An Example of BRAND
Let’s use next day delivery as an example. We all have a choice of providers when we wish to send a letter or package and have next day delivery. When the need arises, we know of FedEx, DHL, UPS, and even the postal service come to mind. All of these companies offer quite reliable “next day delivery” services. All are reliable and all of them perform well. Our list of choices forms because of a “category need” yet none of these providers are able to differentiate themselves by cognitive measures. None can own “reliable” because all of them are.
None can own convenient, because all are convenient. None can own low cost provider, because all of the prices are similar. In fact, within the category, the providers offer no cognitive advantages over one another. We all know that we can reliably ship with any one of them and do so within pennies of each other.
They will all deliver our package as promised. Why then, if I absolutely need to have a package delivered the next morning do I choose FedEx? Is it because they are cheaper? Is it because the others have failed me in the past? Is it because they are more reliable or more convenient? Not at all. I choose them for this important delivery task because I am buying who I wish to be at the moment that I need the package shipped.
I wish to be a man with “no worries” and I bought the BRAND, not the service. It is this BRAND that enabled FedEx to buy KINKOS — a company most assuredly NOT in the next day delivery business but a company very much in the ”peace of mind” business, which is the core of the FedEx BRAND.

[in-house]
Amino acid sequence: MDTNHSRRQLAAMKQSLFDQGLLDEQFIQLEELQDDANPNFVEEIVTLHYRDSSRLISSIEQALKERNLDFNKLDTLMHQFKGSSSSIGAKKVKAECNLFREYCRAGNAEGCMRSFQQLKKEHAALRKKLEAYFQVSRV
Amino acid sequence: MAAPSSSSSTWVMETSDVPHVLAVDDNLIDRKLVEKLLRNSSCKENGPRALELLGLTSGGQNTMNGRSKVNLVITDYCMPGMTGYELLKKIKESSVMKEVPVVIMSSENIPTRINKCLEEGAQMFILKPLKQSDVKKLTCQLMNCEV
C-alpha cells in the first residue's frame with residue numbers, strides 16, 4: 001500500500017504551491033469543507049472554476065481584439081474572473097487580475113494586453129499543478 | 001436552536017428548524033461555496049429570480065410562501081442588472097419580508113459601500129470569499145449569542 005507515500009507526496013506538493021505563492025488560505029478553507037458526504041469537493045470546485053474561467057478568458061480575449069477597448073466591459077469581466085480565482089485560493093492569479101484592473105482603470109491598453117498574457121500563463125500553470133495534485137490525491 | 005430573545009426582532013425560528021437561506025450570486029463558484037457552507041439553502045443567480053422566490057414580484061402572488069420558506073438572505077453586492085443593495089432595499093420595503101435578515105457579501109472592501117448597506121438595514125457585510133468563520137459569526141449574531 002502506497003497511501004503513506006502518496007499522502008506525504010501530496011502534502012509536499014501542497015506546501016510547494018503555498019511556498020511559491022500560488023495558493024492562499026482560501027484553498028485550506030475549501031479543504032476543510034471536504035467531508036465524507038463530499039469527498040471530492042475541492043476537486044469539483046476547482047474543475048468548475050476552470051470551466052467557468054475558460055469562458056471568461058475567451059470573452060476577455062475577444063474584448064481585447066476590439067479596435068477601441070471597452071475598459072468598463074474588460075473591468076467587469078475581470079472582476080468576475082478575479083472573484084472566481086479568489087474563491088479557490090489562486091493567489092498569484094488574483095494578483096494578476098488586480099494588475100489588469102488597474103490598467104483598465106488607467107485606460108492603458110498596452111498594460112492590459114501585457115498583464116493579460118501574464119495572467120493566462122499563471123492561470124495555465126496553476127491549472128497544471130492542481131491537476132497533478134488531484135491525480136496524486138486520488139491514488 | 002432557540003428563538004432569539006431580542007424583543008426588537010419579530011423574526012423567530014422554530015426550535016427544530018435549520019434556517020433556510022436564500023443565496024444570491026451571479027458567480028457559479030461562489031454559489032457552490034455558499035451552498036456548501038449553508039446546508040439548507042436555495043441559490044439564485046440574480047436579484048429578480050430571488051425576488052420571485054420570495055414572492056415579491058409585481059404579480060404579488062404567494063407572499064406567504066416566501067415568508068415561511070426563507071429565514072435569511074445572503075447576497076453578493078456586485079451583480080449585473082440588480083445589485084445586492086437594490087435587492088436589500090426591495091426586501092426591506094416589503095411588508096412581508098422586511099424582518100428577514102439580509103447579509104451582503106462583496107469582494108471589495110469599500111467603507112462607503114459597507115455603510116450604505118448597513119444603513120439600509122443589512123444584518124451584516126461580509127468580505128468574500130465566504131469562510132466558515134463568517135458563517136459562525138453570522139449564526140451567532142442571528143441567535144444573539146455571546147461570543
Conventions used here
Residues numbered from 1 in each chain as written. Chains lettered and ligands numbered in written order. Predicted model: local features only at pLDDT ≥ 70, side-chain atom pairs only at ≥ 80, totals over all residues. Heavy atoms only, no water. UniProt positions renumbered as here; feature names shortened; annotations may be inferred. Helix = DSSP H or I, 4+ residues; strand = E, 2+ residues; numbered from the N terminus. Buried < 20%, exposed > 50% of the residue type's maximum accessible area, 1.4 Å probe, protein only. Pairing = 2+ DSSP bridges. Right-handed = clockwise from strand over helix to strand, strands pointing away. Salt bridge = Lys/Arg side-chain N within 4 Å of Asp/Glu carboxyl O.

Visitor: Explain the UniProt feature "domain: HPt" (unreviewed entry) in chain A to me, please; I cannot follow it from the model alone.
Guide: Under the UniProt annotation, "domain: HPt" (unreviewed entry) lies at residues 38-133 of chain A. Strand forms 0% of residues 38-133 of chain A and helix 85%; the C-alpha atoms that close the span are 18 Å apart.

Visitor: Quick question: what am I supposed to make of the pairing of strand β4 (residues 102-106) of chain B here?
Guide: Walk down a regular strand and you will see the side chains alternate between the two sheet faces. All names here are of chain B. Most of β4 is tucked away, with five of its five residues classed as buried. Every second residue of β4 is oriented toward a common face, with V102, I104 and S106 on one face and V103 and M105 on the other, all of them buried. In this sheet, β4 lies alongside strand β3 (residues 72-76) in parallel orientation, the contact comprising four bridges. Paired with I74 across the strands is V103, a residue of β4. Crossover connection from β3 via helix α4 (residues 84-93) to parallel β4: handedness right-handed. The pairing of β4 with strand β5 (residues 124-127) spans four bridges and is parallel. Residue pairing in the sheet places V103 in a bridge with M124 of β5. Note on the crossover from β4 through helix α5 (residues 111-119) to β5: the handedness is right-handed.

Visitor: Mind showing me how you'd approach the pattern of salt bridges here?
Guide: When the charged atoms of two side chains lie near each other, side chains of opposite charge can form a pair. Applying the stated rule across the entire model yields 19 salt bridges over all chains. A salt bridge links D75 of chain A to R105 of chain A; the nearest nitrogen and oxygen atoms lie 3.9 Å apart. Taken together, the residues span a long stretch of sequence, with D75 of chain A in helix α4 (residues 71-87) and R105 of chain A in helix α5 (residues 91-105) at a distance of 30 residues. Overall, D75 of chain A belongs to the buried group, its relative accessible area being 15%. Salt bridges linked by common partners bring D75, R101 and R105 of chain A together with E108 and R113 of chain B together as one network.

Category Benefits = Commodity Markets
If you wish to capture your competitor’s customers, fix any CATEGORY deficiencies you might have (like taste, if you are a beer, service is you are a hotel, and selection if you are a retailer) to bring your product offering up to par with the competitive set. But remember, parity does not build preference or margins.
If you wish to steal your competitor’s customers, you need to uncover the precepts (beliefs) that drive your prospect to find more meaning in their lives. You need to align your messaging with that new understanding. Napoleon summed up the importance of such subtle changes when he said, “Sometimes a single battle decides everything and sometimes, too, the slightest circumstance decides the issue of a battle. There is a moment in every battle at which the least maneuver is decisive and gives superiority, as one drop of water causes overflow.”
A Better Way to Taking Preference
When done with clarity, objectivity, and focus, the customer entering your category of offerings is faced with a choice of like products and/or services. One choice represents their highest personal aspirations.
Faced with such a choice, they are in fact choosing between themselves and an inanimate object. When executed properly, this infusion of meaning creates a covetous relationship between your brand and the prospect’s self-identity. To choose otherwise would be a form of emotional suicide.